24 Aug How Newspapers Can Improve Literacy Rates
Whether you’re a small newspaper or big media company, all of us that live and breathe the written word have a vested interest in a literate public. Unfortunately, literacy rates in the U.S. are a major issue, especially in underprivileged communities.
According to the most recent National Assessment of Educational Progress (NAEP) data, 80 percent of low-income fourth graders and 66 percent of all fourth graders are not proficient in reading. 
The statistics in your community may be similarly grim. A quick Google search will get you your local data.
Why is the ability to read proficiently by fourth grade important? The Annie E. Casey Foundation report Early Warning: Why Reading by the End of Third Grade Matters and Early Warning Confirmed, the end of third grade marks the point when children transition from learning to read to using reading to learn other subjects. Children who read proficiently by the end of third grade are more likely to graduate from high school and to be economically successful in adulthood. 
Reading proficiency remains unacceptably low in an economic environment that requires increasing levels of education and skills. By 2020, the U.S. is expected to face a shortage of 1.5 million workers with college degrees but will have a surplus of 6 million individuals without a high school diploma who are unemployed because they lack necessary educational credentials.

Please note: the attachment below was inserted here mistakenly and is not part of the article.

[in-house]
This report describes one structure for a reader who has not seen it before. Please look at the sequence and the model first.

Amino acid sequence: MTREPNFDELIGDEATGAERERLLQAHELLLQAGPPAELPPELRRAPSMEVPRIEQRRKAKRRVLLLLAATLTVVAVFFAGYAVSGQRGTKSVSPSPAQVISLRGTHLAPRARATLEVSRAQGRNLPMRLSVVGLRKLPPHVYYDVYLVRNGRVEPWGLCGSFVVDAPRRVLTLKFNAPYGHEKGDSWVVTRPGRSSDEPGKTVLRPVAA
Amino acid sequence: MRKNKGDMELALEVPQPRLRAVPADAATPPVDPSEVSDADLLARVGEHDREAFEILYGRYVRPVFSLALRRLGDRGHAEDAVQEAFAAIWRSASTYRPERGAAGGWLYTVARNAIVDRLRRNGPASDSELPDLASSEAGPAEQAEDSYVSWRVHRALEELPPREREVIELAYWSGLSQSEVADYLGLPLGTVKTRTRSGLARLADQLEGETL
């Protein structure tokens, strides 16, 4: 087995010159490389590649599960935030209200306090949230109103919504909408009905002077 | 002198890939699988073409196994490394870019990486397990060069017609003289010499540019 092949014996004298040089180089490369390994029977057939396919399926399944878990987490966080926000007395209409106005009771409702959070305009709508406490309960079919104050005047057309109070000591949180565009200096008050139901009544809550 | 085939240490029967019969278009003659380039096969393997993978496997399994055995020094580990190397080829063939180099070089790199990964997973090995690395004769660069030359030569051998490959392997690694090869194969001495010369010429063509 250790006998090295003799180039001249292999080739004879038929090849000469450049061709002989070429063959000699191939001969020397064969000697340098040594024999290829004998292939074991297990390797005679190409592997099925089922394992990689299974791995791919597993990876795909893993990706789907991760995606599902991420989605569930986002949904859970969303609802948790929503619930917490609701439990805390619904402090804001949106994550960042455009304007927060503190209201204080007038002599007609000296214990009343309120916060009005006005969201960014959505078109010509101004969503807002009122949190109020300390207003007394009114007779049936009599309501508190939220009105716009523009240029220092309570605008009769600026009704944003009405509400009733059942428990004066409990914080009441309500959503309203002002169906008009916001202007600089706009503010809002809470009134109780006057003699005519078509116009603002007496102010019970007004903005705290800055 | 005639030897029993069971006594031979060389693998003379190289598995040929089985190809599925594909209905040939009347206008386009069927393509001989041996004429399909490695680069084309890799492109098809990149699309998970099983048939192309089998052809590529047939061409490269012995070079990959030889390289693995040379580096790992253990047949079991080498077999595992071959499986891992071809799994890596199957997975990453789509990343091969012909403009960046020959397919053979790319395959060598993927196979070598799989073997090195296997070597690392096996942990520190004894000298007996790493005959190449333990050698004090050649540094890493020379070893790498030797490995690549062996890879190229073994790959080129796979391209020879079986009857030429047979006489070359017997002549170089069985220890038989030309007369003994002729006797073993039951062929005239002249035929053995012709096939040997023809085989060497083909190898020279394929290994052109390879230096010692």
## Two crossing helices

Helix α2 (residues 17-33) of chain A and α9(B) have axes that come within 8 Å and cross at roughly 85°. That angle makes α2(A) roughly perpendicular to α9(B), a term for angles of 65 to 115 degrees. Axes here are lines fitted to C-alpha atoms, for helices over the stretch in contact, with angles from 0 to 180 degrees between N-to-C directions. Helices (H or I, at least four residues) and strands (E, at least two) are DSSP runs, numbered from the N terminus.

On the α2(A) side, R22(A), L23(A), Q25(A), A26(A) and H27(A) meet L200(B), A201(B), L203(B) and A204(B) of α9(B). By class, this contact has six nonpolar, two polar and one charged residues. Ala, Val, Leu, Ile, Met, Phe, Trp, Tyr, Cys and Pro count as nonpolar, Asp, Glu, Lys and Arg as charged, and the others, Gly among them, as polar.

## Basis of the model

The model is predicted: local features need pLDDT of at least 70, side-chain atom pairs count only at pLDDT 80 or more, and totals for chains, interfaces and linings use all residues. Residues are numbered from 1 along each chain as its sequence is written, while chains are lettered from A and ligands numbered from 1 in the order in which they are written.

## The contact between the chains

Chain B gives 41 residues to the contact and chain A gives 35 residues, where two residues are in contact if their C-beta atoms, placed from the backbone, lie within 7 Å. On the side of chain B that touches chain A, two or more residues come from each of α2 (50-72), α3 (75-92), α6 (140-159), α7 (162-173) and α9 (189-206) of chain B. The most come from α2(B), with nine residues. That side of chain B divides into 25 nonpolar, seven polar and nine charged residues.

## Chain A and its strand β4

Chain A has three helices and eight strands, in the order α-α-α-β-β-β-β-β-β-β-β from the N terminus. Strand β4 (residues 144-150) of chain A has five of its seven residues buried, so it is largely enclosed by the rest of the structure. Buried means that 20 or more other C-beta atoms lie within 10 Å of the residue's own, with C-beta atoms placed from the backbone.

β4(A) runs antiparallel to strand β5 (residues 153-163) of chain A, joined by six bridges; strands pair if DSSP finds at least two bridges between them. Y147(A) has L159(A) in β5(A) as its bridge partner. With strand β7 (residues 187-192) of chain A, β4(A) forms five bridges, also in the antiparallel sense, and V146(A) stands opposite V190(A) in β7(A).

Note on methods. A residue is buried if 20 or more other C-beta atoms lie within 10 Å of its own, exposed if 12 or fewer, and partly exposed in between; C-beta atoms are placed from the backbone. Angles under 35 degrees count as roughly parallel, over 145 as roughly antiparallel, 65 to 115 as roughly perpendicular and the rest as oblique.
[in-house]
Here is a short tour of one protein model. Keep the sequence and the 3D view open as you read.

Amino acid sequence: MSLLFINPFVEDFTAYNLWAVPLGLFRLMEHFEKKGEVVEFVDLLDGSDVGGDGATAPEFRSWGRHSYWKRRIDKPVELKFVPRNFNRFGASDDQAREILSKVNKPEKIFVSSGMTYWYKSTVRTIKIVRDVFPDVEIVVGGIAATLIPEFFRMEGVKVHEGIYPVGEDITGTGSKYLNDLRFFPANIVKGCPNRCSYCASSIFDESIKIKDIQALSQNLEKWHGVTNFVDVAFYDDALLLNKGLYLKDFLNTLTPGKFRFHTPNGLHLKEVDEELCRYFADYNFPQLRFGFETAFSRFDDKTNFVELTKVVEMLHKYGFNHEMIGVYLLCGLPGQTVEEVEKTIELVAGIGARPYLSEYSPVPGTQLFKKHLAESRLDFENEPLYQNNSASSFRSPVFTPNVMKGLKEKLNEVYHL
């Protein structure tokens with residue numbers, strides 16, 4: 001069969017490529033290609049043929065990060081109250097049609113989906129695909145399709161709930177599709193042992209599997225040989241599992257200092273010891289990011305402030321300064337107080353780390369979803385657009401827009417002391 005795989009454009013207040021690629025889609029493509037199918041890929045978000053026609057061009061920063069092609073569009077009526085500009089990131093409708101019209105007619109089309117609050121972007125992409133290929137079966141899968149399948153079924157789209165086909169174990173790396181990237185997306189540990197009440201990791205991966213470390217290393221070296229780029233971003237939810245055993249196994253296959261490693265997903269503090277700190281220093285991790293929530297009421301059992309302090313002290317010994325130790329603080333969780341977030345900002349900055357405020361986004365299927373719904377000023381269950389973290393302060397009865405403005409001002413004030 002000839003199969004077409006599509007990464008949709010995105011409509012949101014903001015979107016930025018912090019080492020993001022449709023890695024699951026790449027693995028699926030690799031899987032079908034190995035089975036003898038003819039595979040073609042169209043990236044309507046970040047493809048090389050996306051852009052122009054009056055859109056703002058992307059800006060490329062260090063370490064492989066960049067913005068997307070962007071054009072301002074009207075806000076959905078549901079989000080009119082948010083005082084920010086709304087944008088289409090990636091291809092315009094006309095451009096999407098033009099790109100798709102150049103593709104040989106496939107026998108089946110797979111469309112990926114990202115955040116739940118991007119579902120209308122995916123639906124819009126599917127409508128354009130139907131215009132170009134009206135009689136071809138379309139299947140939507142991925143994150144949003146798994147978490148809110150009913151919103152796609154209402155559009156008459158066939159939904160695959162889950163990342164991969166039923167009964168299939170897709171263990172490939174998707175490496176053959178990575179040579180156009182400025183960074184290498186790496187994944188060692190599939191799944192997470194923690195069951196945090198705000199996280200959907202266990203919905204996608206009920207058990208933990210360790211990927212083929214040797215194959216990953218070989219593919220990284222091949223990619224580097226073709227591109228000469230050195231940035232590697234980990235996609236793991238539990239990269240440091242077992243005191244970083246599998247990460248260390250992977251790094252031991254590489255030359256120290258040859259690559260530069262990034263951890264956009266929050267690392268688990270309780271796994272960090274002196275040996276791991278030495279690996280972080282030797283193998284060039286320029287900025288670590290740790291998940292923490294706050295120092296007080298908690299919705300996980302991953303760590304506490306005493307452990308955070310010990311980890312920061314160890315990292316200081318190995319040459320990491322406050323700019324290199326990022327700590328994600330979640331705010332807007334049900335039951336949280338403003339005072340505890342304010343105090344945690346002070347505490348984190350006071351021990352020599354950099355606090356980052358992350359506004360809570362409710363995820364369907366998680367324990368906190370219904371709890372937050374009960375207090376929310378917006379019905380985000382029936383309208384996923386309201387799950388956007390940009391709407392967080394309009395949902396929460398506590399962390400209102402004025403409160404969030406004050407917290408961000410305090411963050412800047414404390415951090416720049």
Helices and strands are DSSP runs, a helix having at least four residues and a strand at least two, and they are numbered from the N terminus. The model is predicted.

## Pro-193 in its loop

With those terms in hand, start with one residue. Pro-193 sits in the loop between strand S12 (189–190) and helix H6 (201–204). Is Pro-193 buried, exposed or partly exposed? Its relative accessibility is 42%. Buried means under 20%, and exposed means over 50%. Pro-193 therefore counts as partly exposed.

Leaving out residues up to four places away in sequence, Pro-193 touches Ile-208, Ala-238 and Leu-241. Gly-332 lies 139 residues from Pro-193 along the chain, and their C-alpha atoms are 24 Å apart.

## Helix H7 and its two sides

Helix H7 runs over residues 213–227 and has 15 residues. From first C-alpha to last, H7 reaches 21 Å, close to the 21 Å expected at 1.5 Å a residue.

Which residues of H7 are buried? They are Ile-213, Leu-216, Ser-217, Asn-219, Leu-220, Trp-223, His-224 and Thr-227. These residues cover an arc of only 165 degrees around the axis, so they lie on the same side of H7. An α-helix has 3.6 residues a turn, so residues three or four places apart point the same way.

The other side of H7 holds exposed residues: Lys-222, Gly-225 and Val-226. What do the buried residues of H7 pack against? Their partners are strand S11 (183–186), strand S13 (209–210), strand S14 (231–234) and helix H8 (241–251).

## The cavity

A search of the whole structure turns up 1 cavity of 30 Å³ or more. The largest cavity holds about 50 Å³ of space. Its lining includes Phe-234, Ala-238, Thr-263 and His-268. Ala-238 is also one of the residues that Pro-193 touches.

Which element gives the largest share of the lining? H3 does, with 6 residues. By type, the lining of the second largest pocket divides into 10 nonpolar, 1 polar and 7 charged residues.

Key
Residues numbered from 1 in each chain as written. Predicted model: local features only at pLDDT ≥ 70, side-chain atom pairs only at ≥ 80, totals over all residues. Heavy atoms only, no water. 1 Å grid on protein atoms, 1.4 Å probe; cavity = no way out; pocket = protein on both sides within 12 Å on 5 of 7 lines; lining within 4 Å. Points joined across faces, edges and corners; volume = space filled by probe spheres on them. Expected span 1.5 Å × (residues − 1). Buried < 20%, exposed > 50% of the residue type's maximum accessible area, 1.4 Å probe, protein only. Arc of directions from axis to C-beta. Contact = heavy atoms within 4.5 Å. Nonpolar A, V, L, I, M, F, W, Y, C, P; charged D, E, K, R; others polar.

If we do not make sure all children gain the needed reading skills to be successful in school, their future educational and economic prospects will be dim, and our economy will lag.
So how can your paper contribute to solving this problem?
Well, the good news is that children who regularly read newspapers do better on reading tests. A page like Kids Scoop is a turnkey way for newspapers to provide a literacy resource for kids, families and even schools. It is an educationally sound youth page that gets kids reading the newspaper.
Added bonus! Sponsorship dollars
Here’s a little known fact: many local businesses and service clubs have money set aside specifically to benefit their communities known as sponsorship dollars. This means not only are you aiding literacy efforts with a kids’ education page, you’re also getting a new revenue stream.
So kids benefit from reading newspapers, community newspaper support kids and education and tap into sponsorship funds and funders get visibility they often can’t get with other philanthropic efforts. In short: it’s a WIN-WIN-WIN situation!
Newspapers win, Sponsors win and Kids win!
To find out how to get in-depth training on this topic and/or the weekly Kid Scoop page contact Dan Dalton at Content That Works Dan Dalton firstname.lastname@example.org.
 The Annie E. Casey Foundation. (2013). Early Warning Confirmed: A Research Update on Third-Grade Reading. Baltimore, MD: Author. Retrieved from www. aecf.org; The Annie E. Casey Foundation. (2010). Early Warning! Why Reading by the End of Third Grade Matters. Baltimore, MD: Author. Retrieved from www.aecf.org
 Manyika, J., et al. (2012, March). Help wanted: The future of work in advanced economies (discussion paper). Washington, DC: McKinsey Global Institute.
-Vicki Whiting, President of Kid Scoop
Vicki Whiting is the publisher, editor and founder of Kid Scoop, a weekly newspaper feature geared to children ages 7 to 12 that appears in over 300 newspapers with a combined circulation of more than 7.5 million.